IN THE MILLIONS of words we read about society which explain, which condemn, which recommend, there is not much attempt to explain human activity as play; yet as recently as 1944 Johan Huizinga could still perceive it as the central motif of civilized behavior. Civilization "does not come from play like a babe detaching itself from the womb; it arises in and as play and never leaves it," he wrote in Homo Ludens . He was facing backwards in time. Plato wrote that life must be lived as play, but Marx I am sure did not; James Reston does not. Scientists are something of an anachronism.

What is tripping much of science of its play is a sudden access of seriousness about means: space, staff, money. In the Cavendish Laboratory at Cambridge, where most of the best experiments on atomic and nuclear physics were done at the beginning of this century on an annual budget of about a thousand pounds, there was a certain joy in the attainment of great results by narrow means. It was possible then. Now theoretical work, which needs only pencil, paper, and access to a computer, is almost all that can be done cheaply, and even for this it is best to be located very near a laboratory where experiments go on night and day. Once inside the doors, with the high-voltage lights on and the air vibrating with the sound of complex machinery, it is possible to feel oneself part of an immense effort, requiring extreme mental and physical training and endurance, and undertaken almost purely for pleasure.

But the competition to be the first to understand is also a competition for funds, and these funds come increasingly from the public purse. How did this happen? Why are the nations willing to pay? And what do they get for their money?

Daniel Keveles tells how from the beginning of the Republic, physicists have tried to maintain their position in it. They have two things to offer: advice and service in time of war; and at all times the knowledge and techniques that go into what is called high technology. In return, they want their special knowledge to be listened to when policy is formed, and they want facilities for research: dependable money and space. It is a long, heavy story, and the physicits of its title are people more concerned with money and power than with ideas. Keveles is strongest in straight history, for he has read everything and mastered the old battle plans. His critical comments seem to me weakened by conventional buzz-words such as elitism , never defined, which is used continually with negative overtones. Sometimes it refers to the Tender Loving Care that a scientific community reserves for those very few members who do things that are really good; sometimes it is the Old Boy business - the two are never analyzed, never distinguished. The essential defect of this substantial and important book is that questions of scientific value cannot be understood without examining science itself, and that is what we are not invited to do.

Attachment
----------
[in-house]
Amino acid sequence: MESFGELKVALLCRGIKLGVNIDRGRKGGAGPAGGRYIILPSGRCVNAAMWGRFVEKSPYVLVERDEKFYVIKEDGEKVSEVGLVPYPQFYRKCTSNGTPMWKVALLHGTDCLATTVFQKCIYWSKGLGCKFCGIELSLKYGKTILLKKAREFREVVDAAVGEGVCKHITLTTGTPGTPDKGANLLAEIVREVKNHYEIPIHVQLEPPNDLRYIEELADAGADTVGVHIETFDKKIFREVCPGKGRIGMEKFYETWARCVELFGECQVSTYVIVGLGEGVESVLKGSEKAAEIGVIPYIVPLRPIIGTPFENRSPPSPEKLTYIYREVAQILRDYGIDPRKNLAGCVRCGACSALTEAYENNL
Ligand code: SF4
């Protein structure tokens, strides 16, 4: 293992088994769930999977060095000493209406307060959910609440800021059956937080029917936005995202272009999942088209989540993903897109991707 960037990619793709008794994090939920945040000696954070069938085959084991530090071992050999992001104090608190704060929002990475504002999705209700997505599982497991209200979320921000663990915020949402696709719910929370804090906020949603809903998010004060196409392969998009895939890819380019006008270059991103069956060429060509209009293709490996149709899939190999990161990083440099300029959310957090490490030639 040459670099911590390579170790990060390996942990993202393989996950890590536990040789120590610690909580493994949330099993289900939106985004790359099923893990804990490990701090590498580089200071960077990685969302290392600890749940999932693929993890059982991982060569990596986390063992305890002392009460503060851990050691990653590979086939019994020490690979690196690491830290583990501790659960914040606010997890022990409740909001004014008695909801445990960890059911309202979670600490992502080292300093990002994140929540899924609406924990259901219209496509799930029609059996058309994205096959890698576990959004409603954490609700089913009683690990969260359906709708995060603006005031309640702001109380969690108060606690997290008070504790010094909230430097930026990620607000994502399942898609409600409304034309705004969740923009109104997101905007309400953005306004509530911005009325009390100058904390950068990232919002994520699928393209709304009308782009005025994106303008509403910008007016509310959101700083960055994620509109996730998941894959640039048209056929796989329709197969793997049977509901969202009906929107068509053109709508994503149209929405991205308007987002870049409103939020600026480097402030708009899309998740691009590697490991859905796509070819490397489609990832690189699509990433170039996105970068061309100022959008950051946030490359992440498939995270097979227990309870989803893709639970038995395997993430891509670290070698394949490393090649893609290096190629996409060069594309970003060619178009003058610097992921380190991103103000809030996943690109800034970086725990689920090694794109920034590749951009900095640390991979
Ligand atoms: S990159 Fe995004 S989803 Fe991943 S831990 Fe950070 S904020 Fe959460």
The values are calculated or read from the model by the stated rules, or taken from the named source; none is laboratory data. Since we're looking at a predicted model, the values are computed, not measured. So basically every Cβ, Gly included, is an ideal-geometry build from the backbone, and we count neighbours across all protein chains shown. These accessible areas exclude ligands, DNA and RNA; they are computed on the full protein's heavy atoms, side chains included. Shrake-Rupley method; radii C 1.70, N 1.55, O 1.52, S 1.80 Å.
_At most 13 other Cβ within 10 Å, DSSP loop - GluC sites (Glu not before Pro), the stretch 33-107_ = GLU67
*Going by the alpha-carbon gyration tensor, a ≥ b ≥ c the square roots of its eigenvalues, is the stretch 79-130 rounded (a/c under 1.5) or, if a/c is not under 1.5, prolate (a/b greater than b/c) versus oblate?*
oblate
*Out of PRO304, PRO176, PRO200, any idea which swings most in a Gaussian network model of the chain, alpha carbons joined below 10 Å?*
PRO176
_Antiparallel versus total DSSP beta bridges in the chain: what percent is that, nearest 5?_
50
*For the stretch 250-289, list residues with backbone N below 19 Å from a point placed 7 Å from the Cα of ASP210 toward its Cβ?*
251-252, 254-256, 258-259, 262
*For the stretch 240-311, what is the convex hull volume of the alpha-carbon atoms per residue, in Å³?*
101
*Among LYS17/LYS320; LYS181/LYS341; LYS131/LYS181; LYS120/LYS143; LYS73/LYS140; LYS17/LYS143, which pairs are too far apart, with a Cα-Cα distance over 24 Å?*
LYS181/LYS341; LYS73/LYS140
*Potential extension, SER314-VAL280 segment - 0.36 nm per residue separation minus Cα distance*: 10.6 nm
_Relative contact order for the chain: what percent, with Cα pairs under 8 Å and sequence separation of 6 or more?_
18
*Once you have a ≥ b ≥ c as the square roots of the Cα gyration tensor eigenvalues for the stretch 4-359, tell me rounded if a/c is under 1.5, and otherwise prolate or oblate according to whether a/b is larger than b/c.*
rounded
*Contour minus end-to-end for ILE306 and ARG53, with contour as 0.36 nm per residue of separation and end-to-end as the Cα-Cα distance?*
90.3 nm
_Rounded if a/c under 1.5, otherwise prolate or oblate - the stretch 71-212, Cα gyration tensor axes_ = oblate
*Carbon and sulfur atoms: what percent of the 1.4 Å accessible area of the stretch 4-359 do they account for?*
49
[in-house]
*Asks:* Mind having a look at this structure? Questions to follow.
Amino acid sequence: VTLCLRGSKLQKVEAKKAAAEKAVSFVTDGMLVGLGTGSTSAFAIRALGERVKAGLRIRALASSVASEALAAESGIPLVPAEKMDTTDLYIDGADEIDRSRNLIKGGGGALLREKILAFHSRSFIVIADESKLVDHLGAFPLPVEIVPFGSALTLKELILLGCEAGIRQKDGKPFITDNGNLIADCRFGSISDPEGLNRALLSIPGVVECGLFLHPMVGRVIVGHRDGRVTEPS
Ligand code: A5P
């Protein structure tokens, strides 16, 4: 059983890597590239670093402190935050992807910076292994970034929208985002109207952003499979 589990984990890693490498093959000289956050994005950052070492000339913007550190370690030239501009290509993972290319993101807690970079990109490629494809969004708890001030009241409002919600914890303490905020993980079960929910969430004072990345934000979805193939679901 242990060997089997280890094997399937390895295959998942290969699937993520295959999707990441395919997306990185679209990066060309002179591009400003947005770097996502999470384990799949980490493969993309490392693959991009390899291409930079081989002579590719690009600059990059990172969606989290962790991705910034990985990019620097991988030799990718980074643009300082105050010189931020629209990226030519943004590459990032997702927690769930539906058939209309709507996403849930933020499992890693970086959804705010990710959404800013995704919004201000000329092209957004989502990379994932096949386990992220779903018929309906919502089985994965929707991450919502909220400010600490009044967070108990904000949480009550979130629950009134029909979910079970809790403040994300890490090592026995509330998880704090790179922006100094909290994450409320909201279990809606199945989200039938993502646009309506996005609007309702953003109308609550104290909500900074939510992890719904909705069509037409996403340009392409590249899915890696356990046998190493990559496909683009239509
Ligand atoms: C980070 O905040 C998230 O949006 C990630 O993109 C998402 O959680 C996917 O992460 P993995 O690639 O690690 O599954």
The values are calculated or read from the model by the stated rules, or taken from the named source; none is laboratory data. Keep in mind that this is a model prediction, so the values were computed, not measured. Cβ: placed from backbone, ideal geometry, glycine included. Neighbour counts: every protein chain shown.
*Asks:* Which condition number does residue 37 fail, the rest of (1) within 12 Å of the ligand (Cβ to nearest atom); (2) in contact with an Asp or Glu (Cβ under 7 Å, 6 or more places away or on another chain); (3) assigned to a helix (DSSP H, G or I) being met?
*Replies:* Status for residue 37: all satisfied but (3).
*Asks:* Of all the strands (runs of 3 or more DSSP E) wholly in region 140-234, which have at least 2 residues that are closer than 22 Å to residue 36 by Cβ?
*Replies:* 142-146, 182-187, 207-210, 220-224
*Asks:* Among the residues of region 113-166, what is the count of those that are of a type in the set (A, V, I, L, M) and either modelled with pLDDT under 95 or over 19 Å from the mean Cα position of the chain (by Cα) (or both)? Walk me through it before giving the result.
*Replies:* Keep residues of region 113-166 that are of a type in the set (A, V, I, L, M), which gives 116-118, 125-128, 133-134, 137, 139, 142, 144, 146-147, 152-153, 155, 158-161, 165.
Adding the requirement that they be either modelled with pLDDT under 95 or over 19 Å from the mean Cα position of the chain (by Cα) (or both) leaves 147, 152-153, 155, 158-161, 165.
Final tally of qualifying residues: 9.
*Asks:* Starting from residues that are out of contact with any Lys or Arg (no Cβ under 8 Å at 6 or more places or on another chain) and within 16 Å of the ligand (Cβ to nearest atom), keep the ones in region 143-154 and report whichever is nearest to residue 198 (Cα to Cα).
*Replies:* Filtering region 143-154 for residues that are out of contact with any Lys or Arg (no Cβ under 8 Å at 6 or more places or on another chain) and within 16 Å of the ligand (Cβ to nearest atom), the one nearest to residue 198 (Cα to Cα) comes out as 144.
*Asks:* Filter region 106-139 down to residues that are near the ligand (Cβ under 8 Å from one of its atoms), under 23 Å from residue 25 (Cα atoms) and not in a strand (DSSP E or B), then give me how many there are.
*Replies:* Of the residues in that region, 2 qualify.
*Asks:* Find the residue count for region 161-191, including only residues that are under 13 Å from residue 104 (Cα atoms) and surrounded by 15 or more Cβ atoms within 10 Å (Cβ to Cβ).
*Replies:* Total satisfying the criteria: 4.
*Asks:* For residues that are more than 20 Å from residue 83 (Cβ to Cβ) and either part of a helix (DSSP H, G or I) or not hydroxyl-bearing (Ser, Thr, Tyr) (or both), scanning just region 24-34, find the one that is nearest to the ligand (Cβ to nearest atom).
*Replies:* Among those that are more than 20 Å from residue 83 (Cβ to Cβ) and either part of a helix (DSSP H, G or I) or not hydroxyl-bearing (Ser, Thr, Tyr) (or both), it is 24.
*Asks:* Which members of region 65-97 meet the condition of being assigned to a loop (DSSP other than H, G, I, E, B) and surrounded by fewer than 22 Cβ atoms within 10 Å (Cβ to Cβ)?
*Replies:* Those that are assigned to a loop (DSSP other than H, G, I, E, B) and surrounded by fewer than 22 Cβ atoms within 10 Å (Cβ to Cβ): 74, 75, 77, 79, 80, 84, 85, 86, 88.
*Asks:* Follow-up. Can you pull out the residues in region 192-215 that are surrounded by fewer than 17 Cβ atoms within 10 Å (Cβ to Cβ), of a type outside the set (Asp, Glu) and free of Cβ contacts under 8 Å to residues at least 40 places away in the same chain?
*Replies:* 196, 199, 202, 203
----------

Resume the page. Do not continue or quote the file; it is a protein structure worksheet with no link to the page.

It does not help in understanding these complex questions to make too much of a distinction between pure and applied science. Particle physics aside, most pure science has practical implications that researchers do not find boring to contemplate, and it is a great mistake to think of high technology as living off crumbs of thought which fall from the table when real scientists dine. Americans are especially good at high technology. It was only a few years ago, when Japanese hand-held calculators were about to drive American manufacturers to the wall, that the microprocessor was developed in this country out of some of the most profound contemporary knowledge of materials and techniques. Microprocessors are the tiny wafers of silicon, etched and overlaid with details that can be seen only under a strong microscope, that make it possible to fit a programmable computer into the pocket of a shirt.

I suppose that ultimately, to fill the needs of war and economics, a country such as ours must have first-class research organizations with first-class people in them, and that this is why the government allocates really large amounts of money to scientific research that has no obvious relevance to national defense or the balance of payments. Both World Wars were to a great extent wars between physicists, and it is through this fact that the expensive and vital play we call "research" has, not without uncertainty and many little economies, managed to survive.

Out of it comes a vision of the sensible world - abstract, crazy perhaps, but compellingly beautiful. Is there an absolute truth towards which it tends? If we are visited by another race, will their physical theories match ours? Almost nobody thinks so. At the bottom, surely, is truth, but the mathematical language in which we write it down is shaped by our minds and history as our clothes are shaped by our bodies.If by myth I mean a charateristically human way of telling the truth, it is a myth, and thosewho contruct it, while they work, are conscious of being at play with a mysterious beauty, and of little else.